telecommunication breakdown

riaa uses local cops in oregon raid
riaa uses local cops in oregon raidfrom slashdot: Fake cops employed by the RIAA started acting like real police officers quite a while ago — one of the earliest examples unfolded in Los Angeles in 2004. From a distance, the bust, ‘looked like classic LAPD, DEA or FBI work, right down to the black “raid” vests the unit members wore,’ said the LA Weekly. That their yellow stenciled lettering read ‘RIAA’ instead of something from an official law-enforcement agency, ‘was lost on 55-year-old parking-lot attendant Ceasar Borrayo.’ But it’s also SOP for the RIAA to wield genuine officers paid for entirely from citizen taxes as copyright cops. Police were used in an RIAA-inspired raid at two flea markets in Beaverton, Oregon. ‘Sgt. Paul Wandell, Beaverton police spokesman, said officers seized more than 50,000 items worth about $758,000,’ says The Oregonian. But this is merely the tiny tip of an iceberg of absolutely staggering dimensions, an example of the extent coming in a GrayZone report slugged RIAA Anti-Piracy Seizure Information.

at&t teams up with the riaa & mpaa to fight piracy
at&t teams up with the riaa & mpaa to fight piracyfrom zero paid: It seems AT&T Inc is joining forces with the MPAA and RIAA to keep pirated content off its internet network, making it the first ISP to do so, and perhaps heralding a new age where providers begin to police the content shared on their networks.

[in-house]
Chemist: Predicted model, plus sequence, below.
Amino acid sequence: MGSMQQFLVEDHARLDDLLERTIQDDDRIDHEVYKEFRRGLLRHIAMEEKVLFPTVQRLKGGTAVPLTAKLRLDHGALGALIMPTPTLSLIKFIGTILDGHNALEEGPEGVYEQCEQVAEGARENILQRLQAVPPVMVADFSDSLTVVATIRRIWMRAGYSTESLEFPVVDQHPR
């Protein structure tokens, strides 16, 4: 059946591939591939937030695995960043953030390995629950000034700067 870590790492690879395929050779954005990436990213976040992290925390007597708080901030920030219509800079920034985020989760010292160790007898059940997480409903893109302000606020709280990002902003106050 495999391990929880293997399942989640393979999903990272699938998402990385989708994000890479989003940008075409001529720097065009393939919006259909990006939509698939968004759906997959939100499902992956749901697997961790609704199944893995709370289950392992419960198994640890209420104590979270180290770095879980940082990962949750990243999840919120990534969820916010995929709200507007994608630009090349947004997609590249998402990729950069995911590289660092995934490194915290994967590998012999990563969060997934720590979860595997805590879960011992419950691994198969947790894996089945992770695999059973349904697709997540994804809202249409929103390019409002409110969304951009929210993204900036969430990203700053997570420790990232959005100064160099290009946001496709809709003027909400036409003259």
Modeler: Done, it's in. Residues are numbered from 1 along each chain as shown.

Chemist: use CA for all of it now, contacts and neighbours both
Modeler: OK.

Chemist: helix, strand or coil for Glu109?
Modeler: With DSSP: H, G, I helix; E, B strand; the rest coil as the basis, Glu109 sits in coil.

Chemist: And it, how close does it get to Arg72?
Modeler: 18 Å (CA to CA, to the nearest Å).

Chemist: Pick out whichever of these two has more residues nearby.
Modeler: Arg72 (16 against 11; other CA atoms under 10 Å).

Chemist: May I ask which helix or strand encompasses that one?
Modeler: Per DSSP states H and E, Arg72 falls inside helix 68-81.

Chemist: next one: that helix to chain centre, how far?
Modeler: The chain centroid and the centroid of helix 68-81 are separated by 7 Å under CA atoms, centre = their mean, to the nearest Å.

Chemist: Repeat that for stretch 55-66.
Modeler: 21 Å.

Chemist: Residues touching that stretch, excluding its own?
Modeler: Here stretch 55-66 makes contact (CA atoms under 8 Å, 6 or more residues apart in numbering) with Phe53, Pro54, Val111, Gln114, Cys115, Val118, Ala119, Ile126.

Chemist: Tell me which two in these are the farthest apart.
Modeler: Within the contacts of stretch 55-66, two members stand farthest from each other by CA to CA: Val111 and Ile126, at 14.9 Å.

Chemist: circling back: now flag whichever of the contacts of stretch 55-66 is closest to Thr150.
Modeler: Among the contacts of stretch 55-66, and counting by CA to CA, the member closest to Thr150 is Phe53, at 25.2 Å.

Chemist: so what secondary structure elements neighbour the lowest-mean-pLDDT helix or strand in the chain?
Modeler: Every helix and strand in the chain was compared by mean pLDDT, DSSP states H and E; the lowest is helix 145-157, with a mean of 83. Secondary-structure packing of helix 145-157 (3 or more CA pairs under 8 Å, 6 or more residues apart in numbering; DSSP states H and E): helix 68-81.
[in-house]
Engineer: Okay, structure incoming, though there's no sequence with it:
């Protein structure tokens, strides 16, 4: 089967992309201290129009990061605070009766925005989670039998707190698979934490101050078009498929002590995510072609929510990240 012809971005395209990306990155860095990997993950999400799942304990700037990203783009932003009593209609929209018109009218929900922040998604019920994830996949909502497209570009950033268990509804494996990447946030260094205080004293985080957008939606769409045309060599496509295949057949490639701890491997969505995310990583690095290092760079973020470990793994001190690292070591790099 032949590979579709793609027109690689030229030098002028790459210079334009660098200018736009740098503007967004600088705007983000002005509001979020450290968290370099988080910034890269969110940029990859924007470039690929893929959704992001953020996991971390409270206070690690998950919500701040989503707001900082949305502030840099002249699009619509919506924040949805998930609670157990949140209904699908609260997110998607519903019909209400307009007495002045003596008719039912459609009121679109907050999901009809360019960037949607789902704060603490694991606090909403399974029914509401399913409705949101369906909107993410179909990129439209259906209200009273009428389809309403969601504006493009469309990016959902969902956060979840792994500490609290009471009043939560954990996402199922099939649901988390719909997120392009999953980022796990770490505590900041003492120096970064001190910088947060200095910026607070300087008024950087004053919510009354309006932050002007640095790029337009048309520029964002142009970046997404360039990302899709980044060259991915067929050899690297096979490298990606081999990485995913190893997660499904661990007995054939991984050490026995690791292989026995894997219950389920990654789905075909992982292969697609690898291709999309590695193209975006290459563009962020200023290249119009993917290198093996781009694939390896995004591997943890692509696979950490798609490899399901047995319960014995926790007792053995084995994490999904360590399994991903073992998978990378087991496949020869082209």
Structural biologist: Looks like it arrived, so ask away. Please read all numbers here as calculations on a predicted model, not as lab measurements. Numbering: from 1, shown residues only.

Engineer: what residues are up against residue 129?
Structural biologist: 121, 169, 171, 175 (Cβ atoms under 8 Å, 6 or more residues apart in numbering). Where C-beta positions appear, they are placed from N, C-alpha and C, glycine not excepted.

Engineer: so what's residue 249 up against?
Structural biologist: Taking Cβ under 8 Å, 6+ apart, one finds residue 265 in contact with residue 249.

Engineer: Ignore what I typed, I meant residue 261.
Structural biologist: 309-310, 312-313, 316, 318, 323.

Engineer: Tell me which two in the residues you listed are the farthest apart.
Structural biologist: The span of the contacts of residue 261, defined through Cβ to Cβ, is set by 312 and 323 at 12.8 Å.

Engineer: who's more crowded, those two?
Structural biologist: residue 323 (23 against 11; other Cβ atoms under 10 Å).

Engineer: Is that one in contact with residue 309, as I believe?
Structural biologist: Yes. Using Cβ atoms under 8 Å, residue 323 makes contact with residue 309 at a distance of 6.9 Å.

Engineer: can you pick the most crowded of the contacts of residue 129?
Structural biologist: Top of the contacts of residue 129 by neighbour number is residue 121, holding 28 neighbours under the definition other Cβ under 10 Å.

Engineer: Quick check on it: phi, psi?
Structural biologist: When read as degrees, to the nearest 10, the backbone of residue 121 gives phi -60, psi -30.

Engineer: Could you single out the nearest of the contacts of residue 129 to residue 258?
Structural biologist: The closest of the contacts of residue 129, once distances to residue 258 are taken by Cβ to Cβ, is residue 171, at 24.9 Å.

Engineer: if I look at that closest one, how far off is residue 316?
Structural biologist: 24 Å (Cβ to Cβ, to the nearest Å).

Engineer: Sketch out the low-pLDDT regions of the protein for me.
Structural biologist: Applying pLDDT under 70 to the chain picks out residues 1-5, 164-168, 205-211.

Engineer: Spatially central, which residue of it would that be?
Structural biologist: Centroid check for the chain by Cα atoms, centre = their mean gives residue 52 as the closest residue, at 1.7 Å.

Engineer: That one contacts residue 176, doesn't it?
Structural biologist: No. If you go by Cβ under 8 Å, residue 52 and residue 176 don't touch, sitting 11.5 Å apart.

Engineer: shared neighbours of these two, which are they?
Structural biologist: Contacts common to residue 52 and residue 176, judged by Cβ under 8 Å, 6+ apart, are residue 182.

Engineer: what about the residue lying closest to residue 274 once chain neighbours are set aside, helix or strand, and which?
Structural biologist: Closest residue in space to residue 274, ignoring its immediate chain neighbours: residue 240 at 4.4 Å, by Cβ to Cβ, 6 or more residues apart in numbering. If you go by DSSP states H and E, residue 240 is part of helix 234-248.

Many ISPs have been the frequent subject of criticism for not doing more to crack down on customers who download and shared pirated content illegally. They have, in the past, required court orders to single out customers whose IP addresses have been under scrutiny by the MPAA or the RIAA, never being proactive in this pursuit over fears of angering customers who could easily switch carriers.

For the first time an ISP seems to not care, actually joining forces with the MPAA and the RIAA “…to develop anti-piracy technology that would target the most frequent offenders, said James W. Cicconi, an AT&T senior vice president.”

The obvious reason would seem to be that it’s attempting to free up bandwidth resources, as P2P and file-sharing programs make up something like 2/3 of network traffic on average but, it seems that the real reason is to actually help defend its fledgling new cable TV service.

It recently launched a new cable TV service called U-verse in a handful of cities and neighborhoods across the country, and apparently has come to the realization that it too is now a content provider and so must take a stand against customers who would try to get content for free using its internet network.

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